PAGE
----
HTTP sessions vs. stateful EJB (Page last updated October 2002, Added 2002-11-27, Author Peter Zadrozny, Publisher BEA). Tips:
- The comparative costs of storing data in an HTTP session object are roughly the same as storing the same data in a stateful session bean.
- Failure to remove an EJB that should have been removed (from the HTTP session) carries a very high performance price: the EJB will be passivated which is a very expensive operation.
HashSet, LinkedHashSet, and TreeSet (Page last updated November 2002, Added 2002-11-27, Author Glen McCluskey, Publisher Sun). Tips:
- HashSet is faster than LinkedHashSet which is in turn faster than TreeSet for access/updates (iteration speed has a different order).
- Iteration over a LinkedHashSet is generally faster than iteration over a HashSet.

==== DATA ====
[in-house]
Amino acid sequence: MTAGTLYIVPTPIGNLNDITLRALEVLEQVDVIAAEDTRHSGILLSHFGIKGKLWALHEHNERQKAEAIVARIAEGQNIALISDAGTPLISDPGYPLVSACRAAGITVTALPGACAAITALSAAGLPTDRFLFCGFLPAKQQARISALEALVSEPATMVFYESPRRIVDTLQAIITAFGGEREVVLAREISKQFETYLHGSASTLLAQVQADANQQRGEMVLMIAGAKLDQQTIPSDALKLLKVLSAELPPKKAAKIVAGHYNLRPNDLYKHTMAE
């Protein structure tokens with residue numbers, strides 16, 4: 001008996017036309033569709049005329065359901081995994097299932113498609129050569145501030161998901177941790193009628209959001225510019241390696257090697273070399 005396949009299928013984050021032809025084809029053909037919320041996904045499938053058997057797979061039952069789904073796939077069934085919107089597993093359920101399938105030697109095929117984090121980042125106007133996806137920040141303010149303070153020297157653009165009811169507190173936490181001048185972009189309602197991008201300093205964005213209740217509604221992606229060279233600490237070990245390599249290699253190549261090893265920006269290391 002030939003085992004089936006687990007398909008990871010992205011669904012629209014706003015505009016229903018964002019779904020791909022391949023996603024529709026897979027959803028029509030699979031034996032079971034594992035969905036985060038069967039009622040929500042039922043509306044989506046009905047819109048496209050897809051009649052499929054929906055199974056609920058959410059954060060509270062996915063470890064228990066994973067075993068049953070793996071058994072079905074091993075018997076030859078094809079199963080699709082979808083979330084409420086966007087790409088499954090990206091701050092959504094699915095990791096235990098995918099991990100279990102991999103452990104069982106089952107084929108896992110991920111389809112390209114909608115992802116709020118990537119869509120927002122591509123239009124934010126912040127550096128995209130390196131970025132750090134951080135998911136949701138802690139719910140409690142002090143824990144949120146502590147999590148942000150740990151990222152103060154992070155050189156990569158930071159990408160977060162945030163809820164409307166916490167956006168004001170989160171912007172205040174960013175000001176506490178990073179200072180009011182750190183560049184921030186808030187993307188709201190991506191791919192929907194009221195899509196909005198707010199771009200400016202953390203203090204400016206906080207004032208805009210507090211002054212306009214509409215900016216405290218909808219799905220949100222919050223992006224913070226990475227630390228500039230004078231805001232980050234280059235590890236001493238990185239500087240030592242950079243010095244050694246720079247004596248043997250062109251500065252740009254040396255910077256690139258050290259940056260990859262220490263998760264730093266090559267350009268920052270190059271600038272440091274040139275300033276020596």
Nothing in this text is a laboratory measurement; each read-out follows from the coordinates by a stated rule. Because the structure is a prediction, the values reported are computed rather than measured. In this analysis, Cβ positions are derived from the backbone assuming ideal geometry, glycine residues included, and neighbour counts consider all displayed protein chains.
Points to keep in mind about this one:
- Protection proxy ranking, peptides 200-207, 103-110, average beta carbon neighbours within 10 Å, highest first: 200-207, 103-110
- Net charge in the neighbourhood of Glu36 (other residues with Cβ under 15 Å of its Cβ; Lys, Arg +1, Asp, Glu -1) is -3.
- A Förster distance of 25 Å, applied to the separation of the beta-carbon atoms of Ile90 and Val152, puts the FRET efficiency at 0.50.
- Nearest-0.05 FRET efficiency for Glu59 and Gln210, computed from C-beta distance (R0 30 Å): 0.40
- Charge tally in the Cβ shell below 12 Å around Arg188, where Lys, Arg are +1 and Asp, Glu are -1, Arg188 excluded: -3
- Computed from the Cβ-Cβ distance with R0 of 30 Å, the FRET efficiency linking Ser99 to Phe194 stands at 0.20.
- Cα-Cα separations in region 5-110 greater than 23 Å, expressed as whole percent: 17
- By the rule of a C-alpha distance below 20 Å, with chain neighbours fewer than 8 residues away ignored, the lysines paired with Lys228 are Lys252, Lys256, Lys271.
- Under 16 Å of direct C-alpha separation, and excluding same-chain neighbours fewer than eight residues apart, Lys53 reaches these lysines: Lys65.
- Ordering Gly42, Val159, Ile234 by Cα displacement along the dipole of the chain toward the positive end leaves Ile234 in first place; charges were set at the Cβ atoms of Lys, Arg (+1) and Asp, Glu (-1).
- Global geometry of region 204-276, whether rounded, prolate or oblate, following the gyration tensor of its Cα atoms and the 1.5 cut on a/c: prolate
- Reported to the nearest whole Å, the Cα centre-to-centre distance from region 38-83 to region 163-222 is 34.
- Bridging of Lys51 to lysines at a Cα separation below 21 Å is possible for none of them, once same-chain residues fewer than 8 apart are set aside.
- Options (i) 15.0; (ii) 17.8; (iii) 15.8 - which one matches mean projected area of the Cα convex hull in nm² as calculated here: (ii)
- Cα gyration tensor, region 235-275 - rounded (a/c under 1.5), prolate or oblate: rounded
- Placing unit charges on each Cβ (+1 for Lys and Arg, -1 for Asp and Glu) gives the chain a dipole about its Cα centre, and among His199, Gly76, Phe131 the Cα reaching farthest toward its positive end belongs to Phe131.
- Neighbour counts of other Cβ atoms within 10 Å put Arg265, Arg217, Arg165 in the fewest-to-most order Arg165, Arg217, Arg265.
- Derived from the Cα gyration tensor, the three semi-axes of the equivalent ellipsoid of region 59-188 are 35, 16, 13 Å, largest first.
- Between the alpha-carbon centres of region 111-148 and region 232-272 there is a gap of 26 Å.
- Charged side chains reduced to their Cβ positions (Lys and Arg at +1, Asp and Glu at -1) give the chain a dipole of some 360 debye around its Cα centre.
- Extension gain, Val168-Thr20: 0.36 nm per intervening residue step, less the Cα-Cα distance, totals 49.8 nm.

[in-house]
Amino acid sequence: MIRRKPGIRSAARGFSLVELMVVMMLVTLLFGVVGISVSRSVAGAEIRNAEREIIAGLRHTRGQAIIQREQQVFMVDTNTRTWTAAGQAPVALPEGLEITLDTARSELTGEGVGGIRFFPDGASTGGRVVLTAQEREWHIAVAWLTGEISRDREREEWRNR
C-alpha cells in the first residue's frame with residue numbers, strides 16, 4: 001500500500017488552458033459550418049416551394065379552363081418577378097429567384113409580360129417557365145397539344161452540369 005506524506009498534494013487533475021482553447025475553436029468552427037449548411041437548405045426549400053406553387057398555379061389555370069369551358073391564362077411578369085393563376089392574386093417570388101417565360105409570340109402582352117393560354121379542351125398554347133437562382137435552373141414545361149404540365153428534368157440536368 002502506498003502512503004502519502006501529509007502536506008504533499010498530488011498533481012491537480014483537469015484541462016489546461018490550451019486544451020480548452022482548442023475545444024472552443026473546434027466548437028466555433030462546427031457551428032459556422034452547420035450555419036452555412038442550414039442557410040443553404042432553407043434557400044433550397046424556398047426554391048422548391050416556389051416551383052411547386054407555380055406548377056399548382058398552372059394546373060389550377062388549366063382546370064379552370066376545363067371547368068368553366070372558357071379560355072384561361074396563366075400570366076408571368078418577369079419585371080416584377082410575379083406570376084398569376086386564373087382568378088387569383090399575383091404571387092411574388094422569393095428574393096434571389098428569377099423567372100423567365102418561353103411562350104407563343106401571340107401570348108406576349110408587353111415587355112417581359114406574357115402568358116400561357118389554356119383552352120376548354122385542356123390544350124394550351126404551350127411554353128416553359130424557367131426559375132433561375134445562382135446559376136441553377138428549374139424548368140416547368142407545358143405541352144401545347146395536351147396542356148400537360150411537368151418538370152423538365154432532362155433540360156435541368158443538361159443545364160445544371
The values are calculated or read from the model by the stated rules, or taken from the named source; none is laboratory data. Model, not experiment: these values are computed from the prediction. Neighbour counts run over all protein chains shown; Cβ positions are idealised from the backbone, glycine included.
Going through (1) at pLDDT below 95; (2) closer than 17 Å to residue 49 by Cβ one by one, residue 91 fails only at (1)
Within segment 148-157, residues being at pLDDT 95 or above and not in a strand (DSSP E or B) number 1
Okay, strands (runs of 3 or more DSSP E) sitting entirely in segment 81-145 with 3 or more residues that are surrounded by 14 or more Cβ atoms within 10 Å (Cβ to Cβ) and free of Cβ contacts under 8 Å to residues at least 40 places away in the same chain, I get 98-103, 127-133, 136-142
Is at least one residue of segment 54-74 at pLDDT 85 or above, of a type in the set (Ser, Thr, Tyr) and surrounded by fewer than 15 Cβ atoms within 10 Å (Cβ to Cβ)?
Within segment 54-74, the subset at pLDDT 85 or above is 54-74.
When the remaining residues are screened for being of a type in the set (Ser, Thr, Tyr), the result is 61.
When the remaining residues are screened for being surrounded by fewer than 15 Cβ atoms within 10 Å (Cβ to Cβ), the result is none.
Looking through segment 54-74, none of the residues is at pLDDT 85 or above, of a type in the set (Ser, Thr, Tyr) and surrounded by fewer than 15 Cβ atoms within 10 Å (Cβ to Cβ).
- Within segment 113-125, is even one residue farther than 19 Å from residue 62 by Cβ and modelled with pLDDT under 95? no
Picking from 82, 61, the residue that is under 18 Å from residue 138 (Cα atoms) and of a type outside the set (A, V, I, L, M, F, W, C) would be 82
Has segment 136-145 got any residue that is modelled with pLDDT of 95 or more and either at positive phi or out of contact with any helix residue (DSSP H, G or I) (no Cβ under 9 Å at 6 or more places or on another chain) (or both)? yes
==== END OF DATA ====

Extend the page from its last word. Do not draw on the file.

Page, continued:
- Tree-based data structures (like TressSet) get slower as the number of elements get larger.
WebSphere performance tips (Page last updated October 2002, Added 2002-11-27, Author Arvind Shukla, Publisher ). Tips:
- Deliver compressed documents where possible.
- Use the document expiration settings to let the client browser retrieve documents from its own cache.
- Move static content from the application server to the web server.
The effect of Slow download speeds (Page last updated October 2002, Added 2002-11-27, Author Steve Sampsell, Publisher EurekaAlert). Tips:
- Pages downloaded slower can sometimes increase user interest. [Probably when the wait enhances interest in some way - the example given was an erotic image].